“I just started hitting the side of his head,” she told ABC News. Herron freed herself and locked the attacker, who is a registered sex offender, in the bathroom with help of a passerby’s carabiner. Of her minor injuries, Herron wrote on Instagram: “My face is stitched, my body is bruised, but my spirit is intact.”
Barnum knows well about the reality of sexual assault. She is a scientist who processes sex crime evidence.
Both Barnum and Krooswyk have said they have felt uncomfortable on runs. They’re not alone. According to a Runner’s World Survey, 43 percent of women have experienced some form of harassment while running. Thirty percent said they have been followed by a person in a vehicle, on bicycle or on foot and 18 percent have been propositioned.
Asked about self-defense tools, 21 percent surveyed said they carry pepper spray at least sometimes and 1 percent carry a loaded gun. Smith doesn’t advocate against tools such as these, but he encourages those who carry them to practice using them, particularly pepper spray canisters. Not all canisters’ trajectories are the same.
Krooswyk, who moved to Bend this year, has occasionally carried spray. She said although athletes are “told to run light, at the same time you want to have the safety.” Central Oregon’s natural beauty can give those outdoors a false sense of comfort, she added. Sometimes, on group hikes with her husband, Krooswyk can still feel vulnerable.
“The group we usually hike with are strong hikers,” Krooswyk said, adding that on long elevation gains, she often finds herself last in line. “You never know who you’re going to encounter. If I’m going to be the caboose of the train, I want to be responsible for my safety.”
Smith spoke to his class about particular cell phone apps, such as Life360, which let users’ friends and family track their locations. He also recommended carrying items such as whistles and hand-held alarms that can make shrill sounds that may deter an attack.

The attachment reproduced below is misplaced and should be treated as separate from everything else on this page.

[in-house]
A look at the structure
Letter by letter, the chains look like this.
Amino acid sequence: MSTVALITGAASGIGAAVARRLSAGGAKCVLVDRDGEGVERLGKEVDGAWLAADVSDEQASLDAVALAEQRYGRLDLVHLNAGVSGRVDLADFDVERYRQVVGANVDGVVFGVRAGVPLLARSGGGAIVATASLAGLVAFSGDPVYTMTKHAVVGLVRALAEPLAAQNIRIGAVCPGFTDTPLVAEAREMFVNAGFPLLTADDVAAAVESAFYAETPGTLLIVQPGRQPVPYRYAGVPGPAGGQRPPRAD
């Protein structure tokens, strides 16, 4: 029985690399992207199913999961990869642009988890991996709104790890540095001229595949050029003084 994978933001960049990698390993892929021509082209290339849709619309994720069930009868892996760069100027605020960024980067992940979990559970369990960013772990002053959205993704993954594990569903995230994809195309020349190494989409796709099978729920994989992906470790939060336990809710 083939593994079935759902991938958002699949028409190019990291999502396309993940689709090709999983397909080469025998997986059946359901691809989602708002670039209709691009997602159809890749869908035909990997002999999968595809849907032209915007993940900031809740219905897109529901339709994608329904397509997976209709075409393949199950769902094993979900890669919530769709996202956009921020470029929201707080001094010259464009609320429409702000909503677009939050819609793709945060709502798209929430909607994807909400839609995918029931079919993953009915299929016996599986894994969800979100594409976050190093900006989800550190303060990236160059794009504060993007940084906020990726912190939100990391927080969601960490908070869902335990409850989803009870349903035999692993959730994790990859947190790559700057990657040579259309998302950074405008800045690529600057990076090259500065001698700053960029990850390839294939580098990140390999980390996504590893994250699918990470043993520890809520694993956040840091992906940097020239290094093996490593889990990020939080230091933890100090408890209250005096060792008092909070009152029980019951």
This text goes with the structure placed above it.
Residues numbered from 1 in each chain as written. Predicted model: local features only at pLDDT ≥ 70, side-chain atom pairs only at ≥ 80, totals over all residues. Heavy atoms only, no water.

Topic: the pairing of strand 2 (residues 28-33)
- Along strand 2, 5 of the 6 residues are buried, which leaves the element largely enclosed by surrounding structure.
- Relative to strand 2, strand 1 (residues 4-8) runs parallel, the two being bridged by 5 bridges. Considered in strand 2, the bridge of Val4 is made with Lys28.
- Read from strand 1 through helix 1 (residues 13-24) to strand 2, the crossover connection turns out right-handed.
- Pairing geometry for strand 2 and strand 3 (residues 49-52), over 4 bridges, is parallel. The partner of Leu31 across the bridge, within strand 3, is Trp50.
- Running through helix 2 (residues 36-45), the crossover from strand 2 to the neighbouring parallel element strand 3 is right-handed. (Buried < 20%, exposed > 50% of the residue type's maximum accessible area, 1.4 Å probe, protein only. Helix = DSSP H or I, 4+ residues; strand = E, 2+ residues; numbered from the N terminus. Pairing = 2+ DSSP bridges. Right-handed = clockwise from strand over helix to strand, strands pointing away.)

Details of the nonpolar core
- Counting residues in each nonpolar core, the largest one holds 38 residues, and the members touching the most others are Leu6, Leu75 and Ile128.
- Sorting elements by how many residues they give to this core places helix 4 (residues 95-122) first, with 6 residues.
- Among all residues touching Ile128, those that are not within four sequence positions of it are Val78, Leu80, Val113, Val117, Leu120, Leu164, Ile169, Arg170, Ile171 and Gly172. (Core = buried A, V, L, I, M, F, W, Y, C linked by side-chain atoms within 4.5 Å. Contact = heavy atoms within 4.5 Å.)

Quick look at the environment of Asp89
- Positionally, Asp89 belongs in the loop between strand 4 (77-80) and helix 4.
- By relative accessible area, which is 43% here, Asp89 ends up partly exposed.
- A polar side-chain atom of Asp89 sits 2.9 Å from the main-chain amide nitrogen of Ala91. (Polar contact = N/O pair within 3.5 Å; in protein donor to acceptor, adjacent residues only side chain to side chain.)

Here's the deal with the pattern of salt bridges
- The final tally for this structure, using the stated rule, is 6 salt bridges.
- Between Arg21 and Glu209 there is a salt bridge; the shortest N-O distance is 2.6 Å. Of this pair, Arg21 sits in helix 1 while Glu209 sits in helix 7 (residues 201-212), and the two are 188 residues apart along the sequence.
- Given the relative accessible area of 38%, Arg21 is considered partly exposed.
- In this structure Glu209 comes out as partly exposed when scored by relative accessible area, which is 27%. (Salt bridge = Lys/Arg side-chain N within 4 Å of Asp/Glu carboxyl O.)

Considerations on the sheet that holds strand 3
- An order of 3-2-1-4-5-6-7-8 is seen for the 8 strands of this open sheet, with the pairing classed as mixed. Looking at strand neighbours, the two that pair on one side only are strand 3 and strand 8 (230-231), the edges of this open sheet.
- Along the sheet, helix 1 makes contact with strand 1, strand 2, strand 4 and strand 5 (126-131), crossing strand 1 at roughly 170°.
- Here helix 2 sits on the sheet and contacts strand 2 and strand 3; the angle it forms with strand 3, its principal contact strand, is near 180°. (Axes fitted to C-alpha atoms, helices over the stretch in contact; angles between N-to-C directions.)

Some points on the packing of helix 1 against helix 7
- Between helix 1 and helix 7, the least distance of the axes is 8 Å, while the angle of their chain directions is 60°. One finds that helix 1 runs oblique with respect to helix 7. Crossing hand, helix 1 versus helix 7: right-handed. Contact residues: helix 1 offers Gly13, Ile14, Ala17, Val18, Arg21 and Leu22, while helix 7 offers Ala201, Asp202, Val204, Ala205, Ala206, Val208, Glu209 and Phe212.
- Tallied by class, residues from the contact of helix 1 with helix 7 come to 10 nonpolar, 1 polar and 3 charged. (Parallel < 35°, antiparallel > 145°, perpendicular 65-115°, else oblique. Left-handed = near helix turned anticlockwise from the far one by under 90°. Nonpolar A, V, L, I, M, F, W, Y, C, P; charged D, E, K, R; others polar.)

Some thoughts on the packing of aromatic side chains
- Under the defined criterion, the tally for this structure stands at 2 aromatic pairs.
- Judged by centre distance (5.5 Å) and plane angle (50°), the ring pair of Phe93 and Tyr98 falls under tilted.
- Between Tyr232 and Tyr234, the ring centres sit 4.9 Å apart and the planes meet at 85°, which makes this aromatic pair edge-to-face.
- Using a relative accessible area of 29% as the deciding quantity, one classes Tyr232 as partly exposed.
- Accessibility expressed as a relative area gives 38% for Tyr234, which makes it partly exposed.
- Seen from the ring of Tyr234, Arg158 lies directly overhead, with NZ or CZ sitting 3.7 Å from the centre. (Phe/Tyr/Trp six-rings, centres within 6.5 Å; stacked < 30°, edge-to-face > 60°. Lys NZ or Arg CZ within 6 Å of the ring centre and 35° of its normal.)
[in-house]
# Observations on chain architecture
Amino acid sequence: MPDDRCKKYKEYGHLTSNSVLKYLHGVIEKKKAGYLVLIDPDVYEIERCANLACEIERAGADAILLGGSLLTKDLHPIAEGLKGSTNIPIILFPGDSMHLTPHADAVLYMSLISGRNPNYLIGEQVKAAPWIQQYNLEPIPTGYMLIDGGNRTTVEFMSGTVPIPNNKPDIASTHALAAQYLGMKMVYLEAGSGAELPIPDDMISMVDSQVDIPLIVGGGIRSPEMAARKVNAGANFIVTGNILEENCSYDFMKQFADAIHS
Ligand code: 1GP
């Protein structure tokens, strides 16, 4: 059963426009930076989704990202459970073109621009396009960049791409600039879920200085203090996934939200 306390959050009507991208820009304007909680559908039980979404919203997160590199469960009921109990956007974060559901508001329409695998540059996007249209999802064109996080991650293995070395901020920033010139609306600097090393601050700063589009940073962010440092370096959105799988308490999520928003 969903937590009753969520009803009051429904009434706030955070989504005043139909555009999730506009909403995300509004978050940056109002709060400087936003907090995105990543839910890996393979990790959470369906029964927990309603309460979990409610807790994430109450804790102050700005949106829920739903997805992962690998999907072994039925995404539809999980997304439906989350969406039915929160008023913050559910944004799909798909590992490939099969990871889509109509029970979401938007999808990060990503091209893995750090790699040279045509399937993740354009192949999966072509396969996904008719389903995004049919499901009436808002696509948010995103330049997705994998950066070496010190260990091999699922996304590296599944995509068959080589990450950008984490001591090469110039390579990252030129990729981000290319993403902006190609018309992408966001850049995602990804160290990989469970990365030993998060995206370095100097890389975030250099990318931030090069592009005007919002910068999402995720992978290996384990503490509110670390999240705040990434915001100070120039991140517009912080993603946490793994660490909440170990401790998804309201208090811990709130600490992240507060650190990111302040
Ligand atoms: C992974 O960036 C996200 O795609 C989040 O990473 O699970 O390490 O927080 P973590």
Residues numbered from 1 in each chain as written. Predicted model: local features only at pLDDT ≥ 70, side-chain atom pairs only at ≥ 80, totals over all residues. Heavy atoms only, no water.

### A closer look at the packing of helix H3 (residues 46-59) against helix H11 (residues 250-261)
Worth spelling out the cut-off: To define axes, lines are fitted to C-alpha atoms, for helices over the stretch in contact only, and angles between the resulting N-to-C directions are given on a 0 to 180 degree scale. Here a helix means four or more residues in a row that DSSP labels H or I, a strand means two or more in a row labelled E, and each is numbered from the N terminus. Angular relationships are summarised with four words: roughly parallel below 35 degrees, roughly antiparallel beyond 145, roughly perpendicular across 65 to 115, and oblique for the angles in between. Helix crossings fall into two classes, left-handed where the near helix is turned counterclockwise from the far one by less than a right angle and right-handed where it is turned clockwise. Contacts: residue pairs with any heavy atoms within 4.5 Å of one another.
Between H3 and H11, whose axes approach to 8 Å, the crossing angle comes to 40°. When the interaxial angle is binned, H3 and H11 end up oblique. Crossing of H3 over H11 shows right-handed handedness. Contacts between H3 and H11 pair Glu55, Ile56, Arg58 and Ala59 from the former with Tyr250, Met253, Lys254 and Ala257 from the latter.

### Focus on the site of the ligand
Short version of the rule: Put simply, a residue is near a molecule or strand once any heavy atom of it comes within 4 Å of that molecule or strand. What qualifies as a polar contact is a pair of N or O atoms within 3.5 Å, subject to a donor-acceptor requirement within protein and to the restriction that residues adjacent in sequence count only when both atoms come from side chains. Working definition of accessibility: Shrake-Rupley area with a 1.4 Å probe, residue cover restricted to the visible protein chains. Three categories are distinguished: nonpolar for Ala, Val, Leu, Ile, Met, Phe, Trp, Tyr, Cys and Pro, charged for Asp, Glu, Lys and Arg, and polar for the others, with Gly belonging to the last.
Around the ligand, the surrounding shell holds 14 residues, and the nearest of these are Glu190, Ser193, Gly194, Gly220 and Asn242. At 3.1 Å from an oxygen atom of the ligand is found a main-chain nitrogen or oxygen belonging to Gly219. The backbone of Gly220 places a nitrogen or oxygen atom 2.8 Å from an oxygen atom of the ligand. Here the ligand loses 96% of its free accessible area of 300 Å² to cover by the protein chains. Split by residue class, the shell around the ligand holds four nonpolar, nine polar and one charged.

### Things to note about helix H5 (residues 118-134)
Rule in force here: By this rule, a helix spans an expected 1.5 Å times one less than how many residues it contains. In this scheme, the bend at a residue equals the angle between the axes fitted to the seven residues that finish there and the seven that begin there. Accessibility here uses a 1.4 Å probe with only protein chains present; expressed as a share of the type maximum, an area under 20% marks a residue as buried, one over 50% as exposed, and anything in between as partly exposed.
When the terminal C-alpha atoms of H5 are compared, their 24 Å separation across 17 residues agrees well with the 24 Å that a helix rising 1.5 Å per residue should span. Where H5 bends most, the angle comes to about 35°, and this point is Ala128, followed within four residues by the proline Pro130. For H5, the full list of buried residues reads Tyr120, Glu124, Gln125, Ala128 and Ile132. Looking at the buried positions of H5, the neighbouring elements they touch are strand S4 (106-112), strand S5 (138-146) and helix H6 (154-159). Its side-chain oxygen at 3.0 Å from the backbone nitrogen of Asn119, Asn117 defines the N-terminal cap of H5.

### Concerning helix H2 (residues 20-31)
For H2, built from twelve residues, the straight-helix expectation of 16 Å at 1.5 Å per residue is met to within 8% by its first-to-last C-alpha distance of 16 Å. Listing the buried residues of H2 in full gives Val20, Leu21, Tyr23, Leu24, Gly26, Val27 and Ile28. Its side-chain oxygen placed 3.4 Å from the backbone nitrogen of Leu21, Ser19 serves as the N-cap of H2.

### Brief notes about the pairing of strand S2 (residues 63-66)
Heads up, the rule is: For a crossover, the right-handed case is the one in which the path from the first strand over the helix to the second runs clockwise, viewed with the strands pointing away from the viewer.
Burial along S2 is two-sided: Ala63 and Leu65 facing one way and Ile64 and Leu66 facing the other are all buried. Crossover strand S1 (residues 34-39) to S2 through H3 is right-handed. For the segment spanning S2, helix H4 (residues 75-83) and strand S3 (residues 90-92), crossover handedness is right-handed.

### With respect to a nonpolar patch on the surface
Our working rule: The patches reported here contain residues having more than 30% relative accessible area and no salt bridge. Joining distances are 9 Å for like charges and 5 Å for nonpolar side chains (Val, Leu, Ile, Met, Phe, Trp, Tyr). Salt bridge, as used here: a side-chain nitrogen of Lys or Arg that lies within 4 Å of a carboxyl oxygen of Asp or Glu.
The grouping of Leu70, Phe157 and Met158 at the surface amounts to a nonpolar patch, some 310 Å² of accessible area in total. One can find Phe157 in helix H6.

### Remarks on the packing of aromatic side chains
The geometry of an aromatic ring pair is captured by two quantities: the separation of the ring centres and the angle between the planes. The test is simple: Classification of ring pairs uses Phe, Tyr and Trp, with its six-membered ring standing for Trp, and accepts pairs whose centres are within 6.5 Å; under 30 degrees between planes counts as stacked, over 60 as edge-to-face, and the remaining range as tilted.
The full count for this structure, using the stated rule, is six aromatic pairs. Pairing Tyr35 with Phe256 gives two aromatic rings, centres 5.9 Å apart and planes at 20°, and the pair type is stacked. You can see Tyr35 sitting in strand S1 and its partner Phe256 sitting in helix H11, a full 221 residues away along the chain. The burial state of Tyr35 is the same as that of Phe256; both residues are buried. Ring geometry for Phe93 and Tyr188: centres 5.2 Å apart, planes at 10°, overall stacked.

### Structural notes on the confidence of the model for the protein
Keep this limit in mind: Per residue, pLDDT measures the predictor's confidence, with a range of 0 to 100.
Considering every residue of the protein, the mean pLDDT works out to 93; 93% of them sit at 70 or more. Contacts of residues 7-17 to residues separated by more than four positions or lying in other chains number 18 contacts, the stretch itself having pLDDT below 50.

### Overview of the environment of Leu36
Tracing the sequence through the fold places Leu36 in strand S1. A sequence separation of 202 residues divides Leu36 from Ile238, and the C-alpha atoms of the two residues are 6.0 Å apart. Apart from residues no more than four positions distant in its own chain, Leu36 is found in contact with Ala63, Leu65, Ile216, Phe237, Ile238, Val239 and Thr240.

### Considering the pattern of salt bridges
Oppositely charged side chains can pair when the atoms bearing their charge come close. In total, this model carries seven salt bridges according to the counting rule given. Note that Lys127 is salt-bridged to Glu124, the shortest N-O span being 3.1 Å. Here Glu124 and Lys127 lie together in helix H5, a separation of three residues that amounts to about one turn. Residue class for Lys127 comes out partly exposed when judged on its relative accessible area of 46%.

“Draw as much attention and noise as you can,” Smith said. “Bad guys doing bad things don’t want to be seen, they don’t want to be heard and they don’t want to be in that place for very long.”
Smith, who is muscular and soft spoken, said he learned the value of self-defense while growing up in foster care in rough parts of Los Angeles.
“Just about everything that could happen to me has happened to me,” Smith told his students. “I’ve been jumped, beat up, stabbed at and shot at.”
As a youth, self-defense and martial arts gave Smith something positive to “tag onto,” which built his confidence and self-reliance. He has studied kickboxing and Mixed Martial Arts under legendary coach and Hollywood fight choreographer Art Camacho.
He began mentoring students in his garage studio when he moved his family to Bend in 2004. Smith opened his gym at its current 3,000-square-foot location in southeast Bend in 2012. While the injuries from attacks have physically healed, Smith said teaching others to protect themselves has a therapeutic result on his psychological wounds.
“It closes one stitch at a time,” he said.
— Reporter: 541-617-7816, firstname.lastname@example.org